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Mississippi Sued Over Alleged Abuse at Girls Detention Center

Girls at a Mississippi detention center were sometimes shackled for 12 hours a day and subjected to "horrendous physical and sexual abuse," a youth advocacy group claims in a federal lawsuit.

The Mississippi Youth Justice Project sued the state Wednesday on behalf of six girls, ages 13 to 17, and called for the shutdown of the troubled Columbia Training School.

All the girls involved have mental illnesses and were committed for nonviolent offenses, said Sheila Bedi, the Mississippi Youth Project director.

One of the girls in the lawsuit says she was sexually assaulted. Another says a guard sent her a sexually explicit letter. Others were subjected to excessive use of restraints, a lack of mental health care and other abuses at Columbia, the lawsuit says.

Five of the girls say that in May they were shackled from a week to about a month for 12 hours a day at the detention center.

"At times, Columbia staff failed to 'double-lock' the shackles so that they would tighten around the girls' ankles with every step they took. This caused excruciating pain, and they frequently complained to Columbia staff about the injuries they sustained as a result of the shackling," the lawsuit says.

Julia Bryan, a spokeswoman for the state Department of Human Services, which oversees the school, said the agency had not reviewed the lawsuit and would have no comment on pending litigation. The lawsuit names Gov. Haley Barbour and DHS executive director Don Taylor among the defendants.

After the abuse allegations surfaced in May, Taylor suspended six employees with pay and launched an investigation into the claims. DHS officials have said they will release a report when an investigation is complete.

The center, which houses about 33 girls and has an annual operating budget of $5 million, has been accused of abuse before.

In 2004, the U.S. Department of Justice sued the state over conditions at Columbia and the state's facility for troubled boys, Oakley Training School. Among the accusations were claims that youngsters at Columbia were forced to eat their vomit and were tossed nude into isolation cells.

Mississippi entered an agreement in May 2005 to end the lawsuit. As part of that four-year consent decree, a court monitor oversees progress at the facilities. The latest report, released last month, says some conditions are improving but there are still problems at the schools.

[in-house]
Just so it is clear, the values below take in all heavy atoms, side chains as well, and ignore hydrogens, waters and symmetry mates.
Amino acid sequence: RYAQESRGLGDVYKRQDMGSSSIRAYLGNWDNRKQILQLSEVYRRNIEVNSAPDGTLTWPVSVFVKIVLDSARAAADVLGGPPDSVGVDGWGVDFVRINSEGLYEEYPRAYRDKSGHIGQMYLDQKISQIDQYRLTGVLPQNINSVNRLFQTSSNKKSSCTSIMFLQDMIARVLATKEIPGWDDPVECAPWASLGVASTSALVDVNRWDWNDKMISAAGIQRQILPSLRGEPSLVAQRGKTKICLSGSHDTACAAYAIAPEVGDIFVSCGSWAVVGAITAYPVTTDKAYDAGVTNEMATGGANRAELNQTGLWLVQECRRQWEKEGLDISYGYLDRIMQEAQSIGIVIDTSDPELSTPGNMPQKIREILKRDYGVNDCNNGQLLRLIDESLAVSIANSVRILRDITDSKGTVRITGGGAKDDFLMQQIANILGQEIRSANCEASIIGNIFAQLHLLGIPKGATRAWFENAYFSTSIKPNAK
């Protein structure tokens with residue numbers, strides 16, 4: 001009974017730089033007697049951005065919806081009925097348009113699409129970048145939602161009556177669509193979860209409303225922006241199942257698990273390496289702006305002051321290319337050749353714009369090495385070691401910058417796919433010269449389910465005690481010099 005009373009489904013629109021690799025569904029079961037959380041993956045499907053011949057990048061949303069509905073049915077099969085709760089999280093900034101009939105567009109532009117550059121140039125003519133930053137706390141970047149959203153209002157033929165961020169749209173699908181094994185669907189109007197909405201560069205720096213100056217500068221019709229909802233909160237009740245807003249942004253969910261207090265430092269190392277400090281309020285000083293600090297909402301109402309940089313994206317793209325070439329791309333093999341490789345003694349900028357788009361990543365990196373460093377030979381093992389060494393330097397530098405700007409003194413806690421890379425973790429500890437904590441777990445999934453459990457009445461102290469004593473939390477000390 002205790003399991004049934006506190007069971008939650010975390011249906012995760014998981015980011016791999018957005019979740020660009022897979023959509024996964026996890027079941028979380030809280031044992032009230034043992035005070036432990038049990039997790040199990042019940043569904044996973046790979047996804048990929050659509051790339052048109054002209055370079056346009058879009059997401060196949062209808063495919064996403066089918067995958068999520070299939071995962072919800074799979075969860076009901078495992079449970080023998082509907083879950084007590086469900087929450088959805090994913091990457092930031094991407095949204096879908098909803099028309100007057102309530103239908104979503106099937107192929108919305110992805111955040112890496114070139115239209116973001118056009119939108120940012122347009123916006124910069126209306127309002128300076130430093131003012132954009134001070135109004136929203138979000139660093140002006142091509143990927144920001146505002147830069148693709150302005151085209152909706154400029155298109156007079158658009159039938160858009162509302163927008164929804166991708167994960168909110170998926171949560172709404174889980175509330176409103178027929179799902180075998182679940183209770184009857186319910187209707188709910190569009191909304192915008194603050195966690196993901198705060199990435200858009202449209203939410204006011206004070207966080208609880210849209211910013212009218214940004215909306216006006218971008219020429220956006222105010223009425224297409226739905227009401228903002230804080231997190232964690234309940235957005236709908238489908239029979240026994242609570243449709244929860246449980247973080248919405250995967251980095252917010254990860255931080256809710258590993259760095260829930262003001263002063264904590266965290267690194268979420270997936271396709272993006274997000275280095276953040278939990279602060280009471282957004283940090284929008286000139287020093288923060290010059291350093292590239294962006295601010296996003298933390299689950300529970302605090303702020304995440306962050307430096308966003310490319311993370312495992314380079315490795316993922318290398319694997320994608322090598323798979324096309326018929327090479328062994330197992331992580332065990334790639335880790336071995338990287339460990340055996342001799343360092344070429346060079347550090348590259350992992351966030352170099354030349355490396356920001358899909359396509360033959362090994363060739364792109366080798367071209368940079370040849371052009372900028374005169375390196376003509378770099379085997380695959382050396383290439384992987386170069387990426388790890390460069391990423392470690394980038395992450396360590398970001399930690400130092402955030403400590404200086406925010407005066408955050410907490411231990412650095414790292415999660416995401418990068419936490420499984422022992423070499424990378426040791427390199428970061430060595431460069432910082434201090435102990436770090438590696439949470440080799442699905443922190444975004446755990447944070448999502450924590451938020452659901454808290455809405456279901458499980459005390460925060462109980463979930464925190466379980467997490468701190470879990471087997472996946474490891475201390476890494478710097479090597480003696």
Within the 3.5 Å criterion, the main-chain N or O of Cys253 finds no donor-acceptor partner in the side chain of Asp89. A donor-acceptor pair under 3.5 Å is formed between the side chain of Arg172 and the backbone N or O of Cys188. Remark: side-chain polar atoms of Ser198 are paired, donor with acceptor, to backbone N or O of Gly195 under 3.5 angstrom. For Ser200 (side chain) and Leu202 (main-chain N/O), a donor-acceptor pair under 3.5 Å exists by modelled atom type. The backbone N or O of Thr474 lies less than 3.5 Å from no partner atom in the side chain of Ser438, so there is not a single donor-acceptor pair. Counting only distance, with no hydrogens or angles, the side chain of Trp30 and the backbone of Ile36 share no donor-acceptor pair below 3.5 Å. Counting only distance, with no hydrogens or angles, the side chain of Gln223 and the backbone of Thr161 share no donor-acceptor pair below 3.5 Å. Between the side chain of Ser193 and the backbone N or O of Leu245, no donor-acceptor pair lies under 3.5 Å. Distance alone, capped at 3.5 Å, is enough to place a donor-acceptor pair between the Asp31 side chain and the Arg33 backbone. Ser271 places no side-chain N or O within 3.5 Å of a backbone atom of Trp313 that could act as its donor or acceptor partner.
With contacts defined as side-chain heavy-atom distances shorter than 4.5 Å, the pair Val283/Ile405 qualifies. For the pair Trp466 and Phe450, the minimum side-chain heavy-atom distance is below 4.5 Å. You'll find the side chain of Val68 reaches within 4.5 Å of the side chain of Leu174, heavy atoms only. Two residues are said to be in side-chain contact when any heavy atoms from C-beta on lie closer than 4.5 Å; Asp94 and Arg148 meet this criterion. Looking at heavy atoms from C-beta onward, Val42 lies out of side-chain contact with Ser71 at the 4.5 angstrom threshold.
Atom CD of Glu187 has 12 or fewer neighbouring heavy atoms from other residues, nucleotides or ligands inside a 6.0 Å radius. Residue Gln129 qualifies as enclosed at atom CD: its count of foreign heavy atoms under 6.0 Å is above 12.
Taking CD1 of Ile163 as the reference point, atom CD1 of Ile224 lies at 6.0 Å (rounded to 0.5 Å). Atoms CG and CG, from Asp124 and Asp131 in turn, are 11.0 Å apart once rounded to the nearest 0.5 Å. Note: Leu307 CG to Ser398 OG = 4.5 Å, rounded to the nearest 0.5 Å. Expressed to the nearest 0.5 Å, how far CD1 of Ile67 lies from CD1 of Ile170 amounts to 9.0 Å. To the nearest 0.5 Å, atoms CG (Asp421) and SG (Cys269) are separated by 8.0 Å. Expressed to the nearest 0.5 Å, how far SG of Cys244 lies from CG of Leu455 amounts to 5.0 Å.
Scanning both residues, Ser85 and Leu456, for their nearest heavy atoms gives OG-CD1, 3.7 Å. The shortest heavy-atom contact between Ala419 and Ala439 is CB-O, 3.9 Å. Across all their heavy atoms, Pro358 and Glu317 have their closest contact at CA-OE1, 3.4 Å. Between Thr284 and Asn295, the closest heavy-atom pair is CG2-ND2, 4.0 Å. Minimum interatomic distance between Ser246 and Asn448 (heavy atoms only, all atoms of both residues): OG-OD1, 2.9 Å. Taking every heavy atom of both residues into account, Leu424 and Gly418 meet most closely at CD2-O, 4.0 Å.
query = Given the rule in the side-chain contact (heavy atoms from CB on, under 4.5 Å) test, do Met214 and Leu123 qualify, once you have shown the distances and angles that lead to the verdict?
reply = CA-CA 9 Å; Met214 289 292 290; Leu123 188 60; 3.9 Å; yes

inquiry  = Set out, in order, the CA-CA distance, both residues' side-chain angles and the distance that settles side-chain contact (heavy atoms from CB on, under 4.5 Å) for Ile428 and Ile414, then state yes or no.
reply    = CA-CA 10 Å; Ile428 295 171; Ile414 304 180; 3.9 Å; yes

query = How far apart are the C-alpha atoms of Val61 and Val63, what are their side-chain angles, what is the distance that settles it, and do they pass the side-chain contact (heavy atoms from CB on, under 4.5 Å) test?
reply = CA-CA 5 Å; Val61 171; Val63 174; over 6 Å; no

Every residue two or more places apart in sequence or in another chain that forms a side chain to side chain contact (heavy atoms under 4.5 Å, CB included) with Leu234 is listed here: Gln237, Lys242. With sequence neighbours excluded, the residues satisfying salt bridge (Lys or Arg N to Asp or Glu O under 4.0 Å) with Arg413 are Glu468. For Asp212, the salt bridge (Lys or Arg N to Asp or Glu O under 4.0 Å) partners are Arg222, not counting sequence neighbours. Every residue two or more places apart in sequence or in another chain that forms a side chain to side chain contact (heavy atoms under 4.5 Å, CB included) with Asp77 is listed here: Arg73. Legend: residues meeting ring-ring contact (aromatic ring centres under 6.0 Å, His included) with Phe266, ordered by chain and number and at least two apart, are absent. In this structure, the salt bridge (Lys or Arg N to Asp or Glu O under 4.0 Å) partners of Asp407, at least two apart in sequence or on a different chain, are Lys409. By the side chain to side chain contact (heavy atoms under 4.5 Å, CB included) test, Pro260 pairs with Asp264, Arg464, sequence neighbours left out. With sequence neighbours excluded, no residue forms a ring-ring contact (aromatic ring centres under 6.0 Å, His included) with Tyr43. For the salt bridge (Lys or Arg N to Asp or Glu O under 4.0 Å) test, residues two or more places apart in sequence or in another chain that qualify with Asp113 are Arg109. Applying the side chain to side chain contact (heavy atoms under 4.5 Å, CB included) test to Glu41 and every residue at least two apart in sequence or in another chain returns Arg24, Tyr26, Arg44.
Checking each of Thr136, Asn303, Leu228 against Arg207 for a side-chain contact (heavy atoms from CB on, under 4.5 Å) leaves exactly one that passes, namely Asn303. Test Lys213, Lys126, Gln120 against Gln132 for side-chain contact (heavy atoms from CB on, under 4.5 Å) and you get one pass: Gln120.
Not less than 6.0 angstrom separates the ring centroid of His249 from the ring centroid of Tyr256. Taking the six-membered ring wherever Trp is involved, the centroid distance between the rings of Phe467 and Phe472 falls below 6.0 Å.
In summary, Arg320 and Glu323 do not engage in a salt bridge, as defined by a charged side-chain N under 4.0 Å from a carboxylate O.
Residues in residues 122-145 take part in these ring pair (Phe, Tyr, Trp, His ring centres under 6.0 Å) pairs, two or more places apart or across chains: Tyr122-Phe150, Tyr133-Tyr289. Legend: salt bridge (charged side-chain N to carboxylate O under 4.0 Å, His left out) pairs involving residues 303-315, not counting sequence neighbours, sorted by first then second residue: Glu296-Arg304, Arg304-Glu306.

"The fact that these violations persist, is incredibly telling about how broken this system is," Bedi said.

One of the girls in the lawsuit, identified only as a 15-year-old with the initials M.S., said she was sexually assaulted in May by a male guard at the facility.

The guard "proceeded to grab M.S. in an embrace, kiss her, and rub her breasts and genitals with his hands over her clothes," the lawsuit says. He "returned later that same night ... again entered her cell, grabbed her around the waist and attempted to put his hand in her underwear." The girl struggled, and the guard left the room, the lawsuit says.

The girl described the alleged abuse to reporters during an emotional interview Wednesday in which her mother broke down in tears. She said she reported the abuse, but "nothing was done about it."

"They told me I was lying," she said. "They told me that I was wrong for reporting it, that I shouldn't have brought it up."

A 17-year-old girl identified as E.S. told reporters she was shackled in leg irons for three weeks.

"I have nightmares at night. I have scars on my ankles. I cry when I see shackles or handcuffs," she said.

E.S., who is white, said she was discriminated against because of her race and witnessed a guard asking another girl to show her breasts.

It is Associated Press policy not to identify suspected victims of sexual abuse.

State Rep. George Flaggs, chairman of the House Juvenile Justice Committee, said in a statement that lawmakers need to fix the problems at Columbia so the state doesn't end up in court again.

"The time has come to transform Columbia from a facility notorious for abuse and neglect to a facility that contributes positively to the future of all Mississippians," the Democrat said.